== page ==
Texas AG Leads Nation in Getting Money Back for Users of Antidepressant Drug

January 26, 2005

Texas Attorney General Greg Abbott’s leading role in a national antitrust case will reportedly ensure that thousands of eligible Texas consumers get their money back. Consumers will receive the money as damages after paying high prescription prices for the antidepressant drug Remeron. A New Jersey federal judge gave preliminary approval of this settlement this week in Newark.

The manufacturer of the drug, Organon USA Inc. of New Jersey, and its Dutch parent company, Akzo Nobel N.V., agreed to settle the matter with the states for $36 million after engaging in a scheme to mislead the U.S. Food and Drug Administration and manipulate the patent process. This reported orchestrated practice unlawfully kept cheaper generic equivalents of Remeron off the market, extended the company’s monopoly over the drug and wrongly generated millions of dollars in profits.

“The company abused the system by preventing Texas consumers from having access to more affordable, generic versions of this drug,” said Abbott. “My antitrust team led the way in getting justified relief for the end-users of the medication here in Texas and nationwide, and the overall result is lower drug prices.”

Texas consumers, as well as state purchasers such as the Medicaid program, will be among those nationwide who may submit claims for reimbursement. This week’s court approval allows attorneys general to implement a claims administration process for consumers who purchased Remeron or a generic equivalent between June 15, 2001, and the present. Consumers will be notified via advertising in major newspapers and magazines, as well as by direct mail and radio public service announcements from pharmacies and psychiatrists. Beginning in March, the claims administrator will introduce a Web site, www.remeronsettlement.com, and toll-free number for information about filing claims.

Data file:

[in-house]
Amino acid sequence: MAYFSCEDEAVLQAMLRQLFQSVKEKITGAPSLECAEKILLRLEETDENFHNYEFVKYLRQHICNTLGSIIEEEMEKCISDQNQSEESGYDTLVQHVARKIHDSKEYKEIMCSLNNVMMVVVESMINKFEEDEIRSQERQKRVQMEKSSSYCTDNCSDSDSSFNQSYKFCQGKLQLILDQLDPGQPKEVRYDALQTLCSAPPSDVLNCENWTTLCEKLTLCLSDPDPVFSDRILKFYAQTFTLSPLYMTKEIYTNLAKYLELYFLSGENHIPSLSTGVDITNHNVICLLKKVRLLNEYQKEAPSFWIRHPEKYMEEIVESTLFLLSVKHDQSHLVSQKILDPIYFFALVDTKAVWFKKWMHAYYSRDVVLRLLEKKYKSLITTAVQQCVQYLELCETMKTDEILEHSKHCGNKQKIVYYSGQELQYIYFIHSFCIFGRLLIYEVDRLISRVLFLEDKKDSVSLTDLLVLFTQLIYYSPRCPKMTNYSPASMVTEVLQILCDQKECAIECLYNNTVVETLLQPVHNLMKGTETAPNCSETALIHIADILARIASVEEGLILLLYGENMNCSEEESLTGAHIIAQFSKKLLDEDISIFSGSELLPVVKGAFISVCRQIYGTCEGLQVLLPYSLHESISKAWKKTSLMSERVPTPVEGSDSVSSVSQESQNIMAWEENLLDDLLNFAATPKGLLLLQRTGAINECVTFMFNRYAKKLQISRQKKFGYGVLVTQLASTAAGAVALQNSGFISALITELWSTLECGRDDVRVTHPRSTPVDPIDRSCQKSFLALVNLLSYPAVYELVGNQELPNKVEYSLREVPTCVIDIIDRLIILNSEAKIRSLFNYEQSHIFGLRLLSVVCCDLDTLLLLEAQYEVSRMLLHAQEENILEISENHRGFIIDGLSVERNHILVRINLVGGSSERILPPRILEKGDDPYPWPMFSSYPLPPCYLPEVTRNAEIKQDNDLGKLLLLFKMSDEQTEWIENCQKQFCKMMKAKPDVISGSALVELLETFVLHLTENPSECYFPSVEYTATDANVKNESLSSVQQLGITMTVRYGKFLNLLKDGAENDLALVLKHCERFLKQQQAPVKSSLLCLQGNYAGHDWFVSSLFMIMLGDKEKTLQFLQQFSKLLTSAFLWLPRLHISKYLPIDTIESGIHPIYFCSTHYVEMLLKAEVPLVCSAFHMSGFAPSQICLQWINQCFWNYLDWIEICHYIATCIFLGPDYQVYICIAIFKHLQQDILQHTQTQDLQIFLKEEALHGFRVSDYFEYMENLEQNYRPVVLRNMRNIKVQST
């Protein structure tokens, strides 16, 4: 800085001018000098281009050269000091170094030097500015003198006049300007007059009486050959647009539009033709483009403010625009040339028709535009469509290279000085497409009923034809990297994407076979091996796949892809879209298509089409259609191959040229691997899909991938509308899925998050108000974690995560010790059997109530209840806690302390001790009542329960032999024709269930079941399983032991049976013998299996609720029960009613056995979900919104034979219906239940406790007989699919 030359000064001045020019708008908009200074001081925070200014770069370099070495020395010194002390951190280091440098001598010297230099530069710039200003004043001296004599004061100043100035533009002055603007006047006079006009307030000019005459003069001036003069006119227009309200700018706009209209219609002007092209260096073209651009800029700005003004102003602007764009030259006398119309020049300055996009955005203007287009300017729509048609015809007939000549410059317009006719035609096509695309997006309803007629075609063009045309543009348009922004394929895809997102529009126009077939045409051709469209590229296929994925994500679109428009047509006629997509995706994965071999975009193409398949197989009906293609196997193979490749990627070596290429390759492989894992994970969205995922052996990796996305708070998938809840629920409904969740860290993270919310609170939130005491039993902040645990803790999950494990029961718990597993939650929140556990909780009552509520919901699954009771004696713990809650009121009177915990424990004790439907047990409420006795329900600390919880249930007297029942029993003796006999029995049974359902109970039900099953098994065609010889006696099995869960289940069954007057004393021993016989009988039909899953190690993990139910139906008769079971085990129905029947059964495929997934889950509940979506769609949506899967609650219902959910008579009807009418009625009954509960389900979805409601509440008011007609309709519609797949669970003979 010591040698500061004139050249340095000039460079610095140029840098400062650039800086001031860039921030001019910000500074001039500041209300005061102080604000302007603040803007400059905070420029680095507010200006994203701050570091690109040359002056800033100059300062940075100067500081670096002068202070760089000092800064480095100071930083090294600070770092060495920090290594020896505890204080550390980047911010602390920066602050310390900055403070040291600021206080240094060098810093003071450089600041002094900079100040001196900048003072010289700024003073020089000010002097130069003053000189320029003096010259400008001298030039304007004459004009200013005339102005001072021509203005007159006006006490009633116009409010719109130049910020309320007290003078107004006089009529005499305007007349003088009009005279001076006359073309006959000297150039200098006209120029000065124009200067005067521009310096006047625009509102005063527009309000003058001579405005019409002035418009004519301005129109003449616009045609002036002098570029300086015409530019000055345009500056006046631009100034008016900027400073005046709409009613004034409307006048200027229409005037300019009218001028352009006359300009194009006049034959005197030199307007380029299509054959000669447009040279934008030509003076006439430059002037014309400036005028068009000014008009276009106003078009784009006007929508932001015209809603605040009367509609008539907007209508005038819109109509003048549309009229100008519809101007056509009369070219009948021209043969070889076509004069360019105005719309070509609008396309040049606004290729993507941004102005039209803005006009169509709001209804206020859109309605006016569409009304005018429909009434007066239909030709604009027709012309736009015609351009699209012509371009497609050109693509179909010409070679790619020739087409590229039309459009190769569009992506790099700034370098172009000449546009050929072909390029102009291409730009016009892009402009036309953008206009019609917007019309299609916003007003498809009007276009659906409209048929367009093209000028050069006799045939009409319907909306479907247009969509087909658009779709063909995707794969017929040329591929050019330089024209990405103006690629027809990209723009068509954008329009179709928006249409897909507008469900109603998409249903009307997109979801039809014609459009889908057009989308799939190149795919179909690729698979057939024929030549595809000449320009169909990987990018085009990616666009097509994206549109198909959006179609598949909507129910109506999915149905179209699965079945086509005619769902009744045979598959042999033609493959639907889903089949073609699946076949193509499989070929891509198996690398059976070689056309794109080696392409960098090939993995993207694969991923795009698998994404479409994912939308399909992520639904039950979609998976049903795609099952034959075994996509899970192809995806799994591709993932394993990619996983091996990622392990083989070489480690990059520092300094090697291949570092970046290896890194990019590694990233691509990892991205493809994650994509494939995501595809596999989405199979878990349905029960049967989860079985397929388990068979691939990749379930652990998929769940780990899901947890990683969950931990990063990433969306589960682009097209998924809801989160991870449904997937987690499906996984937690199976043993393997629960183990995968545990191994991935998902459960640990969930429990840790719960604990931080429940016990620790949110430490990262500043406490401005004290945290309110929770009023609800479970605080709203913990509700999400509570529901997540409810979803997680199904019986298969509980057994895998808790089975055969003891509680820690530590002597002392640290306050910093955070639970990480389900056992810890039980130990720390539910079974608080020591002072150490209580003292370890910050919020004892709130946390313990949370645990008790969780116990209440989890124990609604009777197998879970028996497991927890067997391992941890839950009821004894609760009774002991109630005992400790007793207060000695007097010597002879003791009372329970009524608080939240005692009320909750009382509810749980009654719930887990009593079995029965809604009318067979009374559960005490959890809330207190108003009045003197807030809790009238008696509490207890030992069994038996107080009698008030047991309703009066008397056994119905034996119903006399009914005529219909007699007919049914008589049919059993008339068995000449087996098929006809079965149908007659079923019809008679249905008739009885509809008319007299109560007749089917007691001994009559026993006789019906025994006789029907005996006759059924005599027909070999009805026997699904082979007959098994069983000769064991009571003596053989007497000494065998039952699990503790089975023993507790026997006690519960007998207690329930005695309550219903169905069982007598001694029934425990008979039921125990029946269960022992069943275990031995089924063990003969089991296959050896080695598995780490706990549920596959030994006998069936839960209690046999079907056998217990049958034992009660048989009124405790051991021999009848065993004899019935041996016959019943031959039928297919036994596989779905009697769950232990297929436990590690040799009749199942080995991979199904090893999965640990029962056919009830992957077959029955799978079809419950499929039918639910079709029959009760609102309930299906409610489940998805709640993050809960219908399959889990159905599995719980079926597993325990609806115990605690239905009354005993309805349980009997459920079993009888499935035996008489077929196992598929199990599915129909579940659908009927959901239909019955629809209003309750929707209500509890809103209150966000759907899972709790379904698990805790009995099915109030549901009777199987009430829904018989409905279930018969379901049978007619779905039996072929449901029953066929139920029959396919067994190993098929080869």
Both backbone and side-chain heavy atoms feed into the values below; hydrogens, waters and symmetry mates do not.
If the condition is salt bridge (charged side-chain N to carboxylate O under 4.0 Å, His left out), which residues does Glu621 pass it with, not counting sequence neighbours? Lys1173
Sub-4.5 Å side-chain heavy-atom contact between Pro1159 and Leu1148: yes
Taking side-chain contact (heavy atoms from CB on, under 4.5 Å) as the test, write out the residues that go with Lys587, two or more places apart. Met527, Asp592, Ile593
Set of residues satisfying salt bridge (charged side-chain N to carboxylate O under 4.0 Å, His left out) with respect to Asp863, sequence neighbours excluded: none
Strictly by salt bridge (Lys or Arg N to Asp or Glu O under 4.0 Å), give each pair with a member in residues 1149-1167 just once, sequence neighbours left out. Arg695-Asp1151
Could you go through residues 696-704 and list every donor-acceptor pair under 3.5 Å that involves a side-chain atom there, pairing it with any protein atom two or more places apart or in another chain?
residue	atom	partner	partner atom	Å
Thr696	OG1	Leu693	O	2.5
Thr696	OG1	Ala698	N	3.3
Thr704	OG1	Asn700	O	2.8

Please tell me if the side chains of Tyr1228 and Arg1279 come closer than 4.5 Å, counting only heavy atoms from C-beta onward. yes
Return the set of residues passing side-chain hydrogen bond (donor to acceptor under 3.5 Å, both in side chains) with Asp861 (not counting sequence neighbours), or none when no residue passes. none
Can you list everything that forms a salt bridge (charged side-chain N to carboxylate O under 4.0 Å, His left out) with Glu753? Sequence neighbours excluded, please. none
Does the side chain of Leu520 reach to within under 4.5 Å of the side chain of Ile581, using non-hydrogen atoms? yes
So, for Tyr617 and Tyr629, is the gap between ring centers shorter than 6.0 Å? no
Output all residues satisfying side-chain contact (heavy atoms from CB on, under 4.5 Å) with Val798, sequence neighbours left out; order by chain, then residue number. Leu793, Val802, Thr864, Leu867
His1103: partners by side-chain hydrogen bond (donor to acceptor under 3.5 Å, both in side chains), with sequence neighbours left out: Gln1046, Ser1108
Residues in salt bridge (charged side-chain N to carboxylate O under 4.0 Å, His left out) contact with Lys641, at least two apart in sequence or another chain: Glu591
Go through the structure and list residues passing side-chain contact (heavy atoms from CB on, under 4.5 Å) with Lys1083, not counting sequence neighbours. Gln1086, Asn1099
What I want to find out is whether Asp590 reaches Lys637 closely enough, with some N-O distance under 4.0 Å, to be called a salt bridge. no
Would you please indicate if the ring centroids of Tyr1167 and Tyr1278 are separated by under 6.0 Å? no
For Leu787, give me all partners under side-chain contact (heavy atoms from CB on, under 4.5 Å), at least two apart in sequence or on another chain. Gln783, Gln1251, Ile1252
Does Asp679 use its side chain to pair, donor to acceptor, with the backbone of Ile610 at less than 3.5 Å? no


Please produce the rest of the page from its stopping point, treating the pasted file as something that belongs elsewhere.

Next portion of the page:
Generic equivalents are included for consideration in refunds because Organon’s actions delayed their entry into the marketplace, which adversely influenced how quickly the prices might have fallen for Remeron and its generic substitutes.

Organon USA also agreed to an injunction that will require it to make timely listings of patents and prohibits it from submitting false or misleading information to the FDA.

The settlement must receive final court approval before the money will be distributed.

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